QuadrigaCX founder's widow to help pay back clients of defunct cryptocurrency exchange
'I was upset and disappointed with Gerry's activities,' Jennifer Robertson says
The widow of QuadrigaCX founder Gerald Cotten has agreed to surrender the contents of his estate and the "vast majority" of her own assets to pay back the company's jilted clients.
The online cryptocurrency exchange collapsed in January 2019 after Cotten's sudden death in December, from complications of Crohn's disease, while on his honeymoon trip to India.
A total of 76,319 unsecured creditors — virtually all of them QuadrigaCX clients — came forward to claim they were owed $214.6 million.
Cotten died with sole knowledge of passwords used to encrypt "cold wallets" — offline storage devices — of various cryptocurrencies.
A forensic investigation revealed those wallets were empty, and that Cotten used aliases to transfer clients' funds into his own accounts.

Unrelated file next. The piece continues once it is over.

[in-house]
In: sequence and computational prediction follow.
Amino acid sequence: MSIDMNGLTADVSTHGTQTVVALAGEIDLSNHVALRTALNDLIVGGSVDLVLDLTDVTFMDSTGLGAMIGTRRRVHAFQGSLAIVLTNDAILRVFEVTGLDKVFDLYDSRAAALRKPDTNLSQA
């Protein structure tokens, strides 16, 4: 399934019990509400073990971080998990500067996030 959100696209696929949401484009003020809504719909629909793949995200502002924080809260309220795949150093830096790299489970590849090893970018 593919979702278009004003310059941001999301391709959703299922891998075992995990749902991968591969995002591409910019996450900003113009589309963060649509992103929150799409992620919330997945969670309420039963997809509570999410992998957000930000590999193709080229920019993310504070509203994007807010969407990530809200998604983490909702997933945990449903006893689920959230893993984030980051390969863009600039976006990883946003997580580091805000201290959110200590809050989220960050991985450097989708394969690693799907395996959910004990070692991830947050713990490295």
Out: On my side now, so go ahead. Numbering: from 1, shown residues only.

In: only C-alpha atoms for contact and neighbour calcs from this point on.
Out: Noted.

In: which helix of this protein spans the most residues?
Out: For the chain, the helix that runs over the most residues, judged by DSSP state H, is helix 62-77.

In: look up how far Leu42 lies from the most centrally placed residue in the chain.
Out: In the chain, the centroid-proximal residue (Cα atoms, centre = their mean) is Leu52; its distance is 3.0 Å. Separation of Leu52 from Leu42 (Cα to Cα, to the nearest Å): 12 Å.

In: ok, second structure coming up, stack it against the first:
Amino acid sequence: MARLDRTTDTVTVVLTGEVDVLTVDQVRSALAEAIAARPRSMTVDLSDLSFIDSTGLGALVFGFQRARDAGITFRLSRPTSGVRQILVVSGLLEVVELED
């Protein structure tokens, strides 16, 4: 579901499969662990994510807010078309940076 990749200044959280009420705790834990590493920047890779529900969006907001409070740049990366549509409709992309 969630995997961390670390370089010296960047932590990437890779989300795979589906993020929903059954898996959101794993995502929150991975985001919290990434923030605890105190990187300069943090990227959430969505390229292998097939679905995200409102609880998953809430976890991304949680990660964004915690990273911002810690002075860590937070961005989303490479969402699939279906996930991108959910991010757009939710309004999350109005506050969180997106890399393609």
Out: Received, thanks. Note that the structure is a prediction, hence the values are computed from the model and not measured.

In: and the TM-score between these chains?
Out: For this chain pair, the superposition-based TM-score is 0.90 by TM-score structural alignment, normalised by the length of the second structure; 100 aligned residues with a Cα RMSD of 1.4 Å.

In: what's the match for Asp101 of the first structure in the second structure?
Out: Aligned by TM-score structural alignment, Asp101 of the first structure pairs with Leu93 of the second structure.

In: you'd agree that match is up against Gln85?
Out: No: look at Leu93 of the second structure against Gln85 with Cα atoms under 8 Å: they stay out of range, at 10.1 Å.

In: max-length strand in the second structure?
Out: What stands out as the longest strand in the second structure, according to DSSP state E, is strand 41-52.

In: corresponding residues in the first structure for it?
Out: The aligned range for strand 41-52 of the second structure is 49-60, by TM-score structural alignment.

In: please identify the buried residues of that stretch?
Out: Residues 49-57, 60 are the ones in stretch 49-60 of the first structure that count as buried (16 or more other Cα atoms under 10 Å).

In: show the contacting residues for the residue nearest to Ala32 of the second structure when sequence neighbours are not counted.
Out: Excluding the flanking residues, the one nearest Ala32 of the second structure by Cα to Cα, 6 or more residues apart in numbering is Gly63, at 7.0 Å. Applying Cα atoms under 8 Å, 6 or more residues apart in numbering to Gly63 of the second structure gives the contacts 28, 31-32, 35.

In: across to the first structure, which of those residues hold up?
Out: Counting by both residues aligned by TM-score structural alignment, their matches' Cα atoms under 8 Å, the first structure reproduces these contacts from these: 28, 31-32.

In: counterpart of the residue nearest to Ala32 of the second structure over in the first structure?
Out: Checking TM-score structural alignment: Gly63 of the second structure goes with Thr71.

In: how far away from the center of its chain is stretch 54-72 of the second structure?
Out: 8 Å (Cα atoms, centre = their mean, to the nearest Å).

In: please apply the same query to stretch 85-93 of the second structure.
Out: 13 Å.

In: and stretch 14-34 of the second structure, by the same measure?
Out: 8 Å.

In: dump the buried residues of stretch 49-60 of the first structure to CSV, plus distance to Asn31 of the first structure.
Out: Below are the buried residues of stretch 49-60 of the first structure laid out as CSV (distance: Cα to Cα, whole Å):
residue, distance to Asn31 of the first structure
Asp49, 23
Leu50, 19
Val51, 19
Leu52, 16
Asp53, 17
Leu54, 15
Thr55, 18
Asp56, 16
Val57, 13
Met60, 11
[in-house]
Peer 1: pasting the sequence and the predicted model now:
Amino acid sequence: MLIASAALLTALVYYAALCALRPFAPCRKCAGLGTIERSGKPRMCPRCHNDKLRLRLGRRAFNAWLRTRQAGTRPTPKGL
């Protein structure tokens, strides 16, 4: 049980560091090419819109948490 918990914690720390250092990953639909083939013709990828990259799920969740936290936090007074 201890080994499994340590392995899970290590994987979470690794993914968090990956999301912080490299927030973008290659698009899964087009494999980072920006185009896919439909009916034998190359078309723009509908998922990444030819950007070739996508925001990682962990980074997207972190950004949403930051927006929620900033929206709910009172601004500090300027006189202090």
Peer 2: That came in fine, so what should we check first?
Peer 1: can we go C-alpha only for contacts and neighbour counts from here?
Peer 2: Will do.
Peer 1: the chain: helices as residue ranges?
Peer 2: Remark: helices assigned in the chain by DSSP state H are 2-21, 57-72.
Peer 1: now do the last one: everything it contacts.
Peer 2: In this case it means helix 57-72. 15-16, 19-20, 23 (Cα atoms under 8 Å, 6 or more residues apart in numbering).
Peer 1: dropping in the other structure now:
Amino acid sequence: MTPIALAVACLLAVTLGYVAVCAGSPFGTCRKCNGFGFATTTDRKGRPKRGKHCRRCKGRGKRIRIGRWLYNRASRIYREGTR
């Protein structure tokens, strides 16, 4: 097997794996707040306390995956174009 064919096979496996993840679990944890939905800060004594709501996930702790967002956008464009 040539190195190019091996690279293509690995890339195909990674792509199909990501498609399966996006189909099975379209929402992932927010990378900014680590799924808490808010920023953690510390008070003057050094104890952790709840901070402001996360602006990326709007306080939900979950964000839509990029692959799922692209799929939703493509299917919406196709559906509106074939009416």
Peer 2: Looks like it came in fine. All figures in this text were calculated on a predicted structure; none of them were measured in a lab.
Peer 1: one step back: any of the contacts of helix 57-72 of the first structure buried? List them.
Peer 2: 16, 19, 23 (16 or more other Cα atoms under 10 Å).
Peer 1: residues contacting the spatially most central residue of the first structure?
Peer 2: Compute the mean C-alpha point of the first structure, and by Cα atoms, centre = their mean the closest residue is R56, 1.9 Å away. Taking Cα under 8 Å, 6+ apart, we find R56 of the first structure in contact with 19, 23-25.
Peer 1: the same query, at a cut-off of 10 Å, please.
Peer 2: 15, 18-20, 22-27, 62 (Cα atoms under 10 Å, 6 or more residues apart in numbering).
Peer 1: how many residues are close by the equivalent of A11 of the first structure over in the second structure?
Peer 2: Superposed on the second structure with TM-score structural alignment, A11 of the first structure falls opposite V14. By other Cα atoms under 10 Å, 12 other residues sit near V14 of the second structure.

"I had no direct knowledge of how Gerry operated the business prior to his death, and was not aware of his improper actions," Jennifer Robertson wrote in a statement released Monday by her lawyer.
"Specifically, I was not aware of nor participated in Gerry's trading activities, nor his appropriation of the Affected User's funds."
CBC News used property records to identify $7.5 million in Nova Scotia real estate Robertson inherited from Cotten when he died. It was not immediately clear how the assets will be divested.
"I have agreed to return to QCX assets that I had previously thought were purchased with Gerry's legitimately earned profits, salary and dividends," Robertson wrote.
"I was upset and disappointed with Gerry's activities as uncovered by the investigation when I first learned of them, and continue to be as we conclude this settlement."
Robertson's lawyer, Richard Niedermayer, said the statement is the only one his client will make for now, which she called a "fair and equitable resolution for QCX and the Affected Users."
With files from Cassie Williams